Turkey's Prime Minister and presidential candidate Tayyip Erdogan speaks during an election rally in Diyarbakir, southeast Turkey, July 26, 2014. Reuters/Umit Bektas

The aftermath of the Paris attack has turned into an ugly spat between Turkey and Israel, with Turkish Prime Minister Ahmet Davutoglu comparing his Israeli counterpart Benjamin Netanyahu to the Islamist attackers in Paris, who killed 17 people, saying both committed crimes against humanity.

Speaking at a news conference on Wednesday, Davutoglu said Israel's bombing of Gaza and its storming of a Turkish-led aid convoy in 2010, which killed 10 Turks, were also horrific acts like the Paris attacks. Davutoglu, who attended the Paris memorial rally, where Israeli PM also took part, called it a march against terrorism. The comments made by the Turkish PM marked an escalation in the war of words between the two countries, who where were allies in the past, reported Reuters.

"Just as the massacre in Paris committed by terrorists is a crime against humanity, Netanyahu, as the head of the government that kills children playing on the beach with the bombardment of Gaza, destroys thousands of homes ... and that massacred our citizens on an aid ship in international waters, has committed crimes against humanity," the Turkish premier said.

Anti-Semitic Bully

Israel retorted with its foreign minister, Avigdor Lieberman, calling Turkey President Tayyip Erdogan as an "anti-Semitic bully" for criticising Netanyahu's attendance at the Paris solidarity march on Sunday. Erdogan's spokesman reacted to the Israeli charge and called it "Islamophobic" and unacceptable for Netanyahu to link the Paris bloodshed to Islam. "The Israeli government must halt its aggressive and racist policies instead of attacking others and sheltering behind anti-Semitism," spokesman Ibrahim Kalin wrote on the presidential website. Though Turkey condemned the Jan. 7 attack on Charlie Hebdo, it also warned that rising Islamophobia in Europe is inflaming Muslim unrest.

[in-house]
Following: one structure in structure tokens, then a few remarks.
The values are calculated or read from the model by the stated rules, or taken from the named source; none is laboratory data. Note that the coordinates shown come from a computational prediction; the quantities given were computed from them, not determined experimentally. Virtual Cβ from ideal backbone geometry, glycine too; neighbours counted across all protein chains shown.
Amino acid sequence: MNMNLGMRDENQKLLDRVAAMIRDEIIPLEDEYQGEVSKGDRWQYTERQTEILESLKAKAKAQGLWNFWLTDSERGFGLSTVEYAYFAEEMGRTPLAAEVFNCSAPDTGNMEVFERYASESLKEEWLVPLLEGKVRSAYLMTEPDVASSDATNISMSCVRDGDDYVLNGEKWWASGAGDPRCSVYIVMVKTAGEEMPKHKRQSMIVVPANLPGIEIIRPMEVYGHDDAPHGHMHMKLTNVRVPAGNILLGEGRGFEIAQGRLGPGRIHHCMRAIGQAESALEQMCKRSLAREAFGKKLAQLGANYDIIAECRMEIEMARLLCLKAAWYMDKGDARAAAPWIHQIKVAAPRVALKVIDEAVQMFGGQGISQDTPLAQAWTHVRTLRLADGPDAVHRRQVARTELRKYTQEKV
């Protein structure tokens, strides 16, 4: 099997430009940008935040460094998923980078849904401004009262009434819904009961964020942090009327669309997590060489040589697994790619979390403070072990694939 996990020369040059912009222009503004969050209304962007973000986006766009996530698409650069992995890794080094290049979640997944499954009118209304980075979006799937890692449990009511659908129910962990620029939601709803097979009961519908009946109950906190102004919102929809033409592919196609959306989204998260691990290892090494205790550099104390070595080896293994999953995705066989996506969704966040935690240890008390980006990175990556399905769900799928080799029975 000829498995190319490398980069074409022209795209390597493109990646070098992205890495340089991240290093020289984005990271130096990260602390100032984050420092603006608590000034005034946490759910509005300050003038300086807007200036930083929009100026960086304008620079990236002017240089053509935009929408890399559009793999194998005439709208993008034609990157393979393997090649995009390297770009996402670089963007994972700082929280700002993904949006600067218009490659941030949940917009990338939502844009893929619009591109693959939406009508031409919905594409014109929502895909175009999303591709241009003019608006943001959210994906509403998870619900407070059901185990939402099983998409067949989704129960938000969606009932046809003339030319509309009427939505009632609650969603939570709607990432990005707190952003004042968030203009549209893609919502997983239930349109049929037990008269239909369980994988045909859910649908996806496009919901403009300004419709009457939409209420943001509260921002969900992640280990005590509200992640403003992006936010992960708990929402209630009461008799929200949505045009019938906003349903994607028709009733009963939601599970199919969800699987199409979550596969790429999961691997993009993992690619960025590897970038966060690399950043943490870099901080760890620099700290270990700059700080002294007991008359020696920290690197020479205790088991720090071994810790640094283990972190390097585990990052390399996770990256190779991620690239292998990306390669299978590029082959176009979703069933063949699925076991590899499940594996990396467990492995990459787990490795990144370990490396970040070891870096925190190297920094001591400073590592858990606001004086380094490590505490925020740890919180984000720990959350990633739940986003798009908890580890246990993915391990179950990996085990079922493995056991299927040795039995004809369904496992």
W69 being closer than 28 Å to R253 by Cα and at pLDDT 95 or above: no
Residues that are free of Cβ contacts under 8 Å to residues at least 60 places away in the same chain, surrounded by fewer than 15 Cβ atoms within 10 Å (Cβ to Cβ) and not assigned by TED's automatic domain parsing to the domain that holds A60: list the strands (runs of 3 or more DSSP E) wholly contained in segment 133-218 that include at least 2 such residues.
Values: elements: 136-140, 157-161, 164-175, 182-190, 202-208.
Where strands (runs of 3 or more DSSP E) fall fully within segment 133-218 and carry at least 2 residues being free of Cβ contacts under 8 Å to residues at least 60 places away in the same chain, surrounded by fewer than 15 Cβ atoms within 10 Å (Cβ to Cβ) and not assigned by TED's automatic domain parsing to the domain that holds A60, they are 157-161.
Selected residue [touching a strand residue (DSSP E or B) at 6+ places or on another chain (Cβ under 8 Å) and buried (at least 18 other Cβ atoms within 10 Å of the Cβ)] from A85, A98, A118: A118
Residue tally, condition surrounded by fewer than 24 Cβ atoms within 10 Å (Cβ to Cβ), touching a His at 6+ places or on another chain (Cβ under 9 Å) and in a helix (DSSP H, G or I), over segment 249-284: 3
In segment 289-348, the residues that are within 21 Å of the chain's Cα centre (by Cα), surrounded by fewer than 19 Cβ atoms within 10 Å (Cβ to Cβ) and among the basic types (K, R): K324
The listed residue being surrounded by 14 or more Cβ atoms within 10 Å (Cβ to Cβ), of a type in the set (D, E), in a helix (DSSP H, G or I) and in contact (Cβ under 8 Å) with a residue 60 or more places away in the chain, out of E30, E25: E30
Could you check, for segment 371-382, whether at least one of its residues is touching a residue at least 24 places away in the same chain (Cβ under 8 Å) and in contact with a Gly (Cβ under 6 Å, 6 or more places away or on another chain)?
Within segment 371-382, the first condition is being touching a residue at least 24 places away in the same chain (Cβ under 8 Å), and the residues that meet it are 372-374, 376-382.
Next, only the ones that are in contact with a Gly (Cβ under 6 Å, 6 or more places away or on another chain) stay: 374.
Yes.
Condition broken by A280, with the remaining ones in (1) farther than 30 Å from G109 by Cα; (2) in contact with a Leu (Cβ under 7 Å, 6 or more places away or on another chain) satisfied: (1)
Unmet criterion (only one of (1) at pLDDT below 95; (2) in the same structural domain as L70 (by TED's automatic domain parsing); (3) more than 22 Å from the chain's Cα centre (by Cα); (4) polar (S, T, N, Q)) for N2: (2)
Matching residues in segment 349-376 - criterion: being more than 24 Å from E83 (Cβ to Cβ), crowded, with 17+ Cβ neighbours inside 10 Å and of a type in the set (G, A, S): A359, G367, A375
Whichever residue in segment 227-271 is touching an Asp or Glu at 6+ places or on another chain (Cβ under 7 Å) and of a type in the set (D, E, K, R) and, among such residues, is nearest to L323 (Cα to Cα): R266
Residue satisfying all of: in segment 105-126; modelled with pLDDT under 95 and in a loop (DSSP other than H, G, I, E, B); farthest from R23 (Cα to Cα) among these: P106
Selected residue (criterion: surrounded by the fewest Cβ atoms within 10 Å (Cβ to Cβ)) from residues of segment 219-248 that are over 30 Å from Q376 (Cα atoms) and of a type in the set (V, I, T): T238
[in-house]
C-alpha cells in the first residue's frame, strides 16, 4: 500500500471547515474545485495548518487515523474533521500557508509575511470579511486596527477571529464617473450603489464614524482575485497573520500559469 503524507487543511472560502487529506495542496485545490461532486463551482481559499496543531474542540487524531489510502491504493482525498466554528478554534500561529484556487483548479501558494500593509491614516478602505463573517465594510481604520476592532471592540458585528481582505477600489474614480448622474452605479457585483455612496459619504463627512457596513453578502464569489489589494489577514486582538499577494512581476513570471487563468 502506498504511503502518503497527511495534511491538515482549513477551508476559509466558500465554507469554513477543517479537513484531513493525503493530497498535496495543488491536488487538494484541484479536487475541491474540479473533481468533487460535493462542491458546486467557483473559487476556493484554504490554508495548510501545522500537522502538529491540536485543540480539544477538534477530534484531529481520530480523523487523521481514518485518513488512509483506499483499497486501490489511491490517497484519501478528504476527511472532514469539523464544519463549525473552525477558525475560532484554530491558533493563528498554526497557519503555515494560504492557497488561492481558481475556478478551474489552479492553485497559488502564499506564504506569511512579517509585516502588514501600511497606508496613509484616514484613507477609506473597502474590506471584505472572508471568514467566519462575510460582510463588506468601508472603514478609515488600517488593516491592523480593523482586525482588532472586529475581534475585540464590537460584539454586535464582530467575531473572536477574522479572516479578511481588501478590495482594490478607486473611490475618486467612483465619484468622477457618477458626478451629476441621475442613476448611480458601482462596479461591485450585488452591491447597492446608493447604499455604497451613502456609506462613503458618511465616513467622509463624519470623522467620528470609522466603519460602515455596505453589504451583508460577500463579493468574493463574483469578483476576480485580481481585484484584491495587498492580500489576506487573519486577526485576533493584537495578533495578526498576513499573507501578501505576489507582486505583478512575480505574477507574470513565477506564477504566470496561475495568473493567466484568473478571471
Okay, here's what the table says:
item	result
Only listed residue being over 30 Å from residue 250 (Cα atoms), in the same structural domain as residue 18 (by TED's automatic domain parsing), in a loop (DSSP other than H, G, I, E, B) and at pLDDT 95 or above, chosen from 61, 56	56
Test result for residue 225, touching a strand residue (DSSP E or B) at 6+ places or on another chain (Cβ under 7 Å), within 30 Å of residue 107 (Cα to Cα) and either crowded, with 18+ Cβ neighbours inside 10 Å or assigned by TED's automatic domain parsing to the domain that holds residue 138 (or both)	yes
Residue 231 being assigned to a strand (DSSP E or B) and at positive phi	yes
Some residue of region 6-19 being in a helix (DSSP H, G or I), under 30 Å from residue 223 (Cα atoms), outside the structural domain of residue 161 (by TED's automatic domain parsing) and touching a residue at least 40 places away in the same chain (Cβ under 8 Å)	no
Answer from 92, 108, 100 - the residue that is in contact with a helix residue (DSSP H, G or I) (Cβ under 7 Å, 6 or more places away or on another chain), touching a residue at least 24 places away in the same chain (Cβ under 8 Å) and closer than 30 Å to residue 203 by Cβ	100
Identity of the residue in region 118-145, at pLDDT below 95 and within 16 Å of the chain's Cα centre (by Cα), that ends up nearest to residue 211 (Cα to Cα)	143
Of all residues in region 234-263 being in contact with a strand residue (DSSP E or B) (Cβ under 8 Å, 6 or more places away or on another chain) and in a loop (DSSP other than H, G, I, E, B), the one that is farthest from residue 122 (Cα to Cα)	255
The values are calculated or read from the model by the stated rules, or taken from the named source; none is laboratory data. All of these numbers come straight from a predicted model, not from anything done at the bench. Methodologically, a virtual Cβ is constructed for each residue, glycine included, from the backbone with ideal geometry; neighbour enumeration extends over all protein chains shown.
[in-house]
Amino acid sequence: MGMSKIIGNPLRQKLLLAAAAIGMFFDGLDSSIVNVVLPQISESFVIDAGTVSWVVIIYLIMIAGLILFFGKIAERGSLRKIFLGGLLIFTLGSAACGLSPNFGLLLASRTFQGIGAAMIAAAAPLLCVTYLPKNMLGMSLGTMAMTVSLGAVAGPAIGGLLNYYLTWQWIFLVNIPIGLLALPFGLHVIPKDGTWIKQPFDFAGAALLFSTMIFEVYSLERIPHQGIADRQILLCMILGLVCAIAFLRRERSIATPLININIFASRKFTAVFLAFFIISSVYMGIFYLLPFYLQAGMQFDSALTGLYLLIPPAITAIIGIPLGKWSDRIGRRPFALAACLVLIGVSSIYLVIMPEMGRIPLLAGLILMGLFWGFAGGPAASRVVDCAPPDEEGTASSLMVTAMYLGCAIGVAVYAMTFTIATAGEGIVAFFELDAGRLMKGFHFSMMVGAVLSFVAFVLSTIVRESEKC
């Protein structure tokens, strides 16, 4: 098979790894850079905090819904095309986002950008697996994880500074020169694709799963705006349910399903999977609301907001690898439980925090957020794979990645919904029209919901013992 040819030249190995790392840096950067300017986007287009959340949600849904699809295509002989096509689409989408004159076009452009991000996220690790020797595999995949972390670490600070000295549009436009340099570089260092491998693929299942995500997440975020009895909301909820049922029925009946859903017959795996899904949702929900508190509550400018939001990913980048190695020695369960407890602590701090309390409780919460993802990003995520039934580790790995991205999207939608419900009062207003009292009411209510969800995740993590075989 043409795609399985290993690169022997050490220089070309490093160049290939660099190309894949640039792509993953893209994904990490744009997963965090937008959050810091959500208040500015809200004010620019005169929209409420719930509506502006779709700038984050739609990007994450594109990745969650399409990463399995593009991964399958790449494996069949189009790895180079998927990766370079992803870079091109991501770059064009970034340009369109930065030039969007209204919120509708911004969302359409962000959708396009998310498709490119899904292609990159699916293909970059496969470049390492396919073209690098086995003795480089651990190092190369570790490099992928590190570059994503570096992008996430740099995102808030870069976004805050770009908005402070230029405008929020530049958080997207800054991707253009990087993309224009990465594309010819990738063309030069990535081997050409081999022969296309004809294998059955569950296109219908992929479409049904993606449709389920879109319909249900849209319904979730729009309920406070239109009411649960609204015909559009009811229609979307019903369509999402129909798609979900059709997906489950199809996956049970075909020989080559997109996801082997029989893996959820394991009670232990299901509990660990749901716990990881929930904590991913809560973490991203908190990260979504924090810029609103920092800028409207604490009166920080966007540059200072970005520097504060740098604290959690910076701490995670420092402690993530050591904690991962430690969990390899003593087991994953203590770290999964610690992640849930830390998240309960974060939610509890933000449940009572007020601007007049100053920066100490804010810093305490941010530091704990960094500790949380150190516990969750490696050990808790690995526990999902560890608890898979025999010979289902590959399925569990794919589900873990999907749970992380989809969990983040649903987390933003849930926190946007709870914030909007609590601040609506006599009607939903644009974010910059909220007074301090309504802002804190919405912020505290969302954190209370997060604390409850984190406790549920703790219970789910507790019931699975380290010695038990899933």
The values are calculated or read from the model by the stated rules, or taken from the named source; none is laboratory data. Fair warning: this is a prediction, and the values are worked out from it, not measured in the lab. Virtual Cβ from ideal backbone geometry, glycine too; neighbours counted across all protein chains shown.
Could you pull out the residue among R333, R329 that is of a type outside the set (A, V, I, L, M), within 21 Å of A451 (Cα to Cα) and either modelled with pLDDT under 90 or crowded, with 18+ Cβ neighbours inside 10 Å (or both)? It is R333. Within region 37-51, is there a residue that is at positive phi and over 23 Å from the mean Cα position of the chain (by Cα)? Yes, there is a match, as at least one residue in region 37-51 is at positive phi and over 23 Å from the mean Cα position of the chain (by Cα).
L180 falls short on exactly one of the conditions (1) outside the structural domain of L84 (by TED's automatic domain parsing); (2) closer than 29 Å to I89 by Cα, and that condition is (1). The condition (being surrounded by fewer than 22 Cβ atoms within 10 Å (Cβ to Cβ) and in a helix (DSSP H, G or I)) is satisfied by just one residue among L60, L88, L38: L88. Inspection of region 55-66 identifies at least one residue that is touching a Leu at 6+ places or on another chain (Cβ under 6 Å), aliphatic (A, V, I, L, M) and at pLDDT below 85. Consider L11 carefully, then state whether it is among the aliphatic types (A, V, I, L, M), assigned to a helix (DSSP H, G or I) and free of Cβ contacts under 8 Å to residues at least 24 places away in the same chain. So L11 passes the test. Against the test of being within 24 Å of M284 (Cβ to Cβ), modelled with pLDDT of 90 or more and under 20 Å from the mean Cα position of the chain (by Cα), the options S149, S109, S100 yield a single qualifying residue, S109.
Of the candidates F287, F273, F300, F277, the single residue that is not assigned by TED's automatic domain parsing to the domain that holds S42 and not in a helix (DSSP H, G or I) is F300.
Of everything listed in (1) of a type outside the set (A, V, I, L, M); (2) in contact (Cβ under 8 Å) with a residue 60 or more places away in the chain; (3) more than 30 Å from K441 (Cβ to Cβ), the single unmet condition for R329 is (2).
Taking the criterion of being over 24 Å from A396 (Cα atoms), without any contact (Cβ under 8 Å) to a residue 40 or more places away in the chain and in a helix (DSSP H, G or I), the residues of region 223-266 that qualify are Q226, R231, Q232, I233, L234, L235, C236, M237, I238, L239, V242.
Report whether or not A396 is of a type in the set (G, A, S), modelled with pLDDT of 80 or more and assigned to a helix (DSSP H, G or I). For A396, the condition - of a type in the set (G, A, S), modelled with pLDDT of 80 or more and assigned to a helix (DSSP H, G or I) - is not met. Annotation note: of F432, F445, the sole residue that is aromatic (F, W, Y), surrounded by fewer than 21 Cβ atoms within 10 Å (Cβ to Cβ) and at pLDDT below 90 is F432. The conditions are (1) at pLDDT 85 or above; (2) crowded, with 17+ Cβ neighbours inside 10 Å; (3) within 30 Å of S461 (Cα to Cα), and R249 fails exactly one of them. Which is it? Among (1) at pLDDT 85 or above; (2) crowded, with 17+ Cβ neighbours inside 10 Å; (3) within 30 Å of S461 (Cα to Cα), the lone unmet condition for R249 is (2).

Estranged NATO Member

Meanwhile, the New York Times reported about Turkey's uncomfortable relations with many important members of NATO, despite being part of the military alliance. Of late, Turkey has been showing an estrangement from the United States and other Western allies, over the issue of civil war in Syria. The United States is miffed with Turkey for not doing more in the war against the ISIS and has expressed its displeasure at Turkey's lax policing at the borders to the rise of Islamic State.

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